We have our topic 私は that can be omitted since context implies we are talking about ourselves here, and we have our subject 'party'; the new important piece of information that does the verb of "being likeable"
The full sentence would look like:
(on the topic of me)(the subject of) Parties are likeable"
As a sidenote on the topic particle replacing other particles which is where a lot of confusion on how they work stems from:
Sometimes in a sentence the topic and the subject are the same thing and it can be difficult early on to decide which particle you should be using as they can feel a bit interchangeable.
You can change the stress of the sentence by replacing the subject particle が and making it the topic は
Both sentences translate to "I like parties", but now instead of saying that parties are the (more specific) thing that you like, it changes slightly to "on the topic of parties, they are likeable" (implying you like other things as well you're just focusing on the conversation about parties right now).
As the subject が it's like answering "What do you like?" "I like parties" - The conversation is about you and your interests
As the topic は it's like answering "Do you like parties?" "I do like parties" - The conversation is about parties
In sentences that use a negative verb you'll often see this where the object をor subject particle が in a positive sentence changes to a topic particle は as a way to stress that while you don't do/like this specific thing there are other things that you do/like.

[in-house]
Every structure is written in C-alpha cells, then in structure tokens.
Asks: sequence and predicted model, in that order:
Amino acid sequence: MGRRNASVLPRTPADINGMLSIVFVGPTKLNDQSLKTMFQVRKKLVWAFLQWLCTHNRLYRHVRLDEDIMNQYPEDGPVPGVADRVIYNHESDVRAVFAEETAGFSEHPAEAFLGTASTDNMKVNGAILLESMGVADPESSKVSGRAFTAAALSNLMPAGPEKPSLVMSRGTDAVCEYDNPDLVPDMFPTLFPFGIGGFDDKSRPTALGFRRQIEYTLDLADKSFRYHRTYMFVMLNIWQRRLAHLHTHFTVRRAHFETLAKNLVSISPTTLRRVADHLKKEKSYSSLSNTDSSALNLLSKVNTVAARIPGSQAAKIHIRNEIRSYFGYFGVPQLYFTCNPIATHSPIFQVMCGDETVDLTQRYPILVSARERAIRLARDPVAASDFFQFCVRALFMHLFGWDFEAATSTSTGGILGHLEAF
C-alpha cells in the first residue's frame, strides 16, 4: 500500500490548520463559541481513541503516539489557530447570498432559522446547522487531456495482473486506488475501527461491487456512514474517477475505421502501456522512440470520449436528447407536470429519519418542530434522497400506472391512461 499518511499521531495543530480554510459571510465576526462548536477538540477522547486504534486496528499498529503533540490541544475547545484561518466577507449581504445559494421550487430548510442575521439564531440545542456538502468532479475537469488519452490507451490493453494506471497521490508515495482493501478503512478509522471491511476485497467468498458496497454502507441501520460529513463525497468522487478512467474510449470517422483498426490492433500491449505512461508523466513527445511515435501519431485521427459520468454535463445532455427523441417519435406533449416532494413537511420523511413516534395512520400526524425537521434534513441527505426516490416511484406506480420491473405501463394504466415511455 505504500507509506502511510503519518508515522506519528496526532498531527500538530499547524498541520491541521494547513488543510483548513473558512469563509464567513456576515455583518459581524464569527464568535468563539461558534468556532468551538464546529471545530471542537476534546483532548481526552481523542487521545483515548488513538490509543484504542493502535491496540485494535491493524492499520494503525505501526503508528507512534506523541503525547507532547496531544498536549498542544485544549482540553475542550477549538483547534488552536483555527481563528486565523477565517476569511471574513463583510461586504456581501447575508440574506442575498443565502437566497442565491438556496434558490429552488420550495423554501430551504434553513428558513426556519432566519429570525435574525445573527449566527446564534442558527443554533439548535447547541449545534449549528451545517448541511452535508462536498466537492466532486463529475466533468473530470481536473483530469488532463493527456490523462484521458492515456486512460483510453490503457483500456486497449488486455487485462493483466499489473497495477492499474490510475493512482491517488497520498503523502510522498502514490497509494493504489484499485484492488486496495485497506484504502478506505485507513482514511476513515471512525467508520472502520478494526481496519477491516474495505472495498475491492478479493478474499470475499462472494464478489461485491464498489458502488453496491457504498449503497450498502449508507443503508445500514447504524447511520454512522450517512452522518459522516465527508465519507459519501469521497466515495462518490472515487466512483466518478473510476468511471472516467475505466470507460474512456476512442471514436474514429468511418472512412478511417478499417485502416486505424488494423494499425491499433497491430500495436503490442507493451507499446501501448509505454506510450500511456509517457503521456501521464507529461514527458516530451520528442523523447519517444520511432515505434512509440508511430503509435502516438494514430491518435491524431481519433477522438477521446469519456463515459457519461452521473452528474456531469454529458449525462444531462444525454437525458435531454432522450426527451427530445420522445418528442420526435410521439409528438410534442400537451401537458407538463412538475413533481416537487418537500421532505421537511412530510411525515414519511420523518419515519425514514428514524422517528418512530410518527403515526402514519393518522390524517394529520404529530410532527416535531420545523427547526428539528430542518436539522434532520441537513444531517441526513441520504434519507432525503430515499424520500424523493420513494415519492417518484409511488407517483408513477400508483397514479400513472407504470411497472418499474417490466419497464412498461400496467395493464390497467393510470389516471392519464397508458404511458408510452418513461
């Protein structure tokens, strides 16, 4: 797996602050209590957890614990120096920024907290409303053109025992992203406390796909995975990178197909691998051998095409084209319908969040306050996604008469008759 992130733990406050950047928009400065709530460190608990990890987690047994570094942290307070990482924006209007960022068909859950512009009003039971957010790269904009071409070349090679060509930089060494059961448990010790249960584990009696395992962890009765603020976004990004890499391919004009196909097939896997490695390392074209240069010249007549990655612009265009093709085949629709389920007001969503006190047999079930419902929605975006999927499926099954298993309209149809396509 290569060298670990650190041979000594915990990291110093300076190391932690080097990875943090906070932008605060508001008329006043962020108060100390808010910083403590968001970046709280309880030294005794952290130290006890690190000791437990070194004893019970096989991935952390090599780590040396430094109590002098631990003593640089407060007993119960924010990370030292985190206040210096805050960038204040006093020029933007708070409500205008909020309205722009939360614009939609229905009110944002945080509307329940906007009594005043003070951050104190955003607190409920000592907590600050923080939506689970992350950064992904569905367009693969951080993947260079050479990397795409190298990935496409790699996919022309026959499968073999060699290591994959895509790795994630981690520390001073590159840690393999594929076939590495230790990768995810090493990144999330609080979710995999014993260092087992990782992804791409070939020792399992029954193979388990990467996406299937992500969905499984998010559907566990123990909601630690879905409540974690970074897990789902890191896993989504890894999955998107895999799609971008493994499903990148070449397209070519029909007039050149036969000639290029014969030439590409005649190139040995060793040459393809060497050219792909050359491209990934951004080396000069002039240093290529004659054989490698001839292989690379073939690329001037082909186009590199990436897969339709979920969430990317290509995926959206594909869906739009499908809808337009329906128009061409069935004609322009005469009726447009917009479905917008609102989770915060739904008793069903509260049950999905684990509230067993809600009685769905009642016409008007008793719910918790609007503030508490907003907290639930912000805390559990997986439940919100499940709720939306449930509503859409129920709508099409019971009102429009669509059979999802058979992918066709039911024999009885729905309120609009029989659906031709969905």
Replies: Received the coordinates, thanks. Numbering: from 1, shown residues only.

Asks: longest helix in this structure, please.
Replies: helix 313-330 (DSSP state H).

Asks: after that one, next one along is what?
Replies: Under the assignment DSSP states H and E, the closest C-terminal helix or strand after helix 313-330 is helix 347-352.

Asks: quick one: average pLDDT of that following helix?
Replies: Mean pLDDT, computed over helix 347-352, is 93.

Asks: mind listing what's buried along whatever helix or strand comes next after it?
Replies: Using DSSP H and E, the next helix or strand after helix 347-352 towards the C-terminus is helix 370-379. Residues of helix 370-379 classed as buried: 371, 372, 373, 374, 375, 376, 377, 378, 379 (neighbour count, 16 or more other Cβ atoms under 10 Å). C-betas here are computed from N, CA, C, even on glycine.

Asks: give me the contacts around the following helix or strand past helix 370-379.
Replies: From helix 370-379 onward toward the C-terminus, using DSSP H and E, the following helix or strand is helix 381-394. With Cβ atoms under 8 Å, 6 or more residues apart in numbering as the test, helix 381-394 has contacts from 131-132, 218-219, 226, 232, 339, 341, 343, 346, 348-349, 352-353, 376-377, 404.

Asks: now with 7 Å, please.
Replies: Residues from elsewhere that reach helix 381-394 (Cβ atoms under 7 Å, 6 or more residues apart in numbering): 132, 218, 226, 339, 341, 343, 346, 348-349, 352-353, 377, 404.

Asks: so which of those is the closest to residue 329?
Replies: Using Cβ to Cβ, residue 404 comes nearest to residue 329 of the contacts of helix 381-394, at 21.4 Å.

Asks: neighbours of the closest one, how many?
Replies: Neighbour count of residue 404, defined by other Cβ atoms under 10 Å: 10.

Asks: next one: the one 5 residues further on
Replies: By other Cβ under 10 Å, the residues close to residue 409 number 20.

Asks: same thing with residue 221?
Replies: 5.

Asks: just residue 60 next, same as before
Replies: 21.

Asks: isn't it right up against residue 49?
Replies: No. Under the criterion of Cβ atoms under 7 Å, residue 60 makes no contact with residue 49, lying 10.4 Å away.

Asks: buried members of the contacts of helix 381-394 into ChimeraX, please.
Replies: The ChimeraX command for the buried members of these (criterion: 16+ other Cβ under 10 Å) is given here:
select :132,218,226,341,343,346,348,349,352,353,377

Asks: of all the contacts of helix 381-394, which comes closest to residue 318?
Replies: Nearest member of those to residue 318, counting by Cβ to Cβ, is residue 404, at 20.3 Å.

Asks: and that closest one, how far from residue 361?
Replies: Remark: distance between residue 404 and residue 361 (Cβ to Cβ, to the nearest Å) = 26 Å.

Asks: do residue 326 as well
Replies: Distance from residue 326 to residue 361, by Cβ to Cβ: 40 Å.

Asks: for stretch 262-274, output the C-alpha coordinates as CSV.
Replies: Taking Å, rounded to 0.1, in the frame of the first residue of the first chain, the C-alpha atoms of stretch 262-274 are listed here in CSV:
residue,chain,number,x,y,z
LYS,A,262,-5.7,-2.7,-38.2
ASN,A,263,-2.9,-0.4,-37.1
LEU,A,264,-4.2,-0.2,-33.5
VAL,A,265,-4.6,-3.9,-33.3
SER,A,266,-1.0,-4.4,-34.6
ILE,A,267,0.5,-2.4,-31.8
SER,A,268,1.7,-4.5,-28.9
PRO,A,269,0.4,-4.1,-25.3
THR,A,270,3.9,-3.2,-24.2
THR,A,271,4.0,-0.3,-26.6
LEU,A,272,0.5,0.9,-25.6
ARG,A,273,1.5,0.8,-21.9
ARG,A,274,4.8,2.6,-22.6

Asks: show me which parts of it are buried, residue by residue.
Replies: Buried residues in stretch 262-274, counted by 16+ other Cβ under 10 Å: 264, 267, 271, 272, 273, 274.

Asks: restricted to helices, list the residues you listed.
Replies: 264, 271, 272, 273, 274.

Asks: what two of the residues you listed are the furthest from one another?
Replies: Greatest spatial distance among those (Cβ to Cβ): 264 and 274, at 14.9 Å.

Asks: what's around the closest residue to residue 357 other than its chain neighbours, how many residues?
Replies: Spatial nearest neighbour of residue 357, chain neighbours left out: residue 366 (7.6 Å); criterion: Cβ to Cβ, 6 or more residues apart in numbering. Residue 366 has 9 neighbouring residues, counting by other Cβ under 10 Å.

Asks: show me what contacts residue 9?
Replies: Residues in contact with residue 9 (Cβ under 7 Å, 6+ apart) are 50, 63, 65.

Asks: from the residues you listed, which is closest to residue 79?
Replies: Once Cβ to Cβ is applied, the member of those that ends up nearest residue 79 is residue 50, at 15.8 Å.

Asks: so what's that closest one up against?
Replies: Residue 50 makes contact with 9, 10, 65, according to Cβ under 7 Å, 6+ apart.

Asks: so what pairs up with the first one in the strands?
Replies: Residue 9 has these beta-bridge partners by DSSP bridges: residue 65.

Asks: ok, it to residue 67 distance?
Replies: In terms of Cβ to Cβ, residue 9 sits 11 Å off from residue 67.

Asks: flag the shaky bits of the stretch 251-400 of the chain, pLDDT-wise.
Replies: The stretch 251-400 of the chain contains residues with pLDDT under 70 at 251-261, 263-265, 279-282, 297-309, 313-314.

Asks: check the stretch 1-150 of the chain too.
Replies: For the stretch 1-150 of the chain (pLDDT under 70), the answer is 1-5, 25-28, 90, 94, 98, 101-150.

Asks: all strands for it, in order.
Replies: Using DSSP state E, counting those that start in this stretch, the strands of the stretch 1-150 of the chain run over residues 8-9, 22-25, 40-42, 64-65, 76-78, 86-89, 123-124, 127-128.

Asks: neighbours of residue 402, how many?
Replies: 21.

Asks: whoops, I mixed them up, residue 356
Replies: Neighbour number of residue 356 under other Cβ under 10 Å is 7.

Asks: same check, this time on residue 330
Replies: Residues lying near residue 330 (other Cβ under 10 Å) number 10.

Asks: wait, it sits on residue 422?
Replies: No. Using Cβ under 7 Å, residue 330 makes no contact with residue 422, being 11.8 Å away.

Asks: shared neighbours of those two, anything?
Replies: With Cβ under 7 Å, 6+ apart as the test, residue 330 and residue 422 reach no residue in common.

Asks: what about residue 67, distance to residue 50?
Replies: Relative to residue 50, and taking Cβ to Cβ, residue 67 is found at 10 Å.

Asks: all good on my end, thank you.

You will see this with the verb "eat" in these lessons, where the positive sentence will use the direct object を such as ご飯を食べます "I (do the action of) eat (to the) rice". But the negative sentence will use は, ご飯は食べません "(On the topic of) rice, I do not eat (though I eat other things)"
This course must be tailored to two different types of people... some who like working and studying, and others who like to party.
Could anyone remind me, why so many hieroglyphs for such short word (I mean "party")? Actually, it's only those dashes that confuse me. What's their purpose, once again?
Japanese actually has several different forms of writing. The one used to write party is called katakana and it is a phonetic alphabet (each character represents a specific sound, as opposed to kanji (another form of japanese writting in which each character represents a word). Katakana is mostly only used for loanwords like パーテイー which is an english loanword. パ(pa)ー(makes the a longer) テ(te)イ(i)ー(makes the i longer). I hope this makes sense, it is quite complicated and i didnt even mention the third form of writing (hiragana) so i would recomend looking it up online :)
Just a notice; イ here is a small size 「ィ」not a normal size , thats because japanese doesn't have the ti sound so in loan words written in katakana they use small size i after テ to transform it into ti ,so ティ is ti rather than tei .
Okay, that's just what I was asking about, I couldn't remember the purpose of those dashes, that's it. Thank you for your long and patient response though =)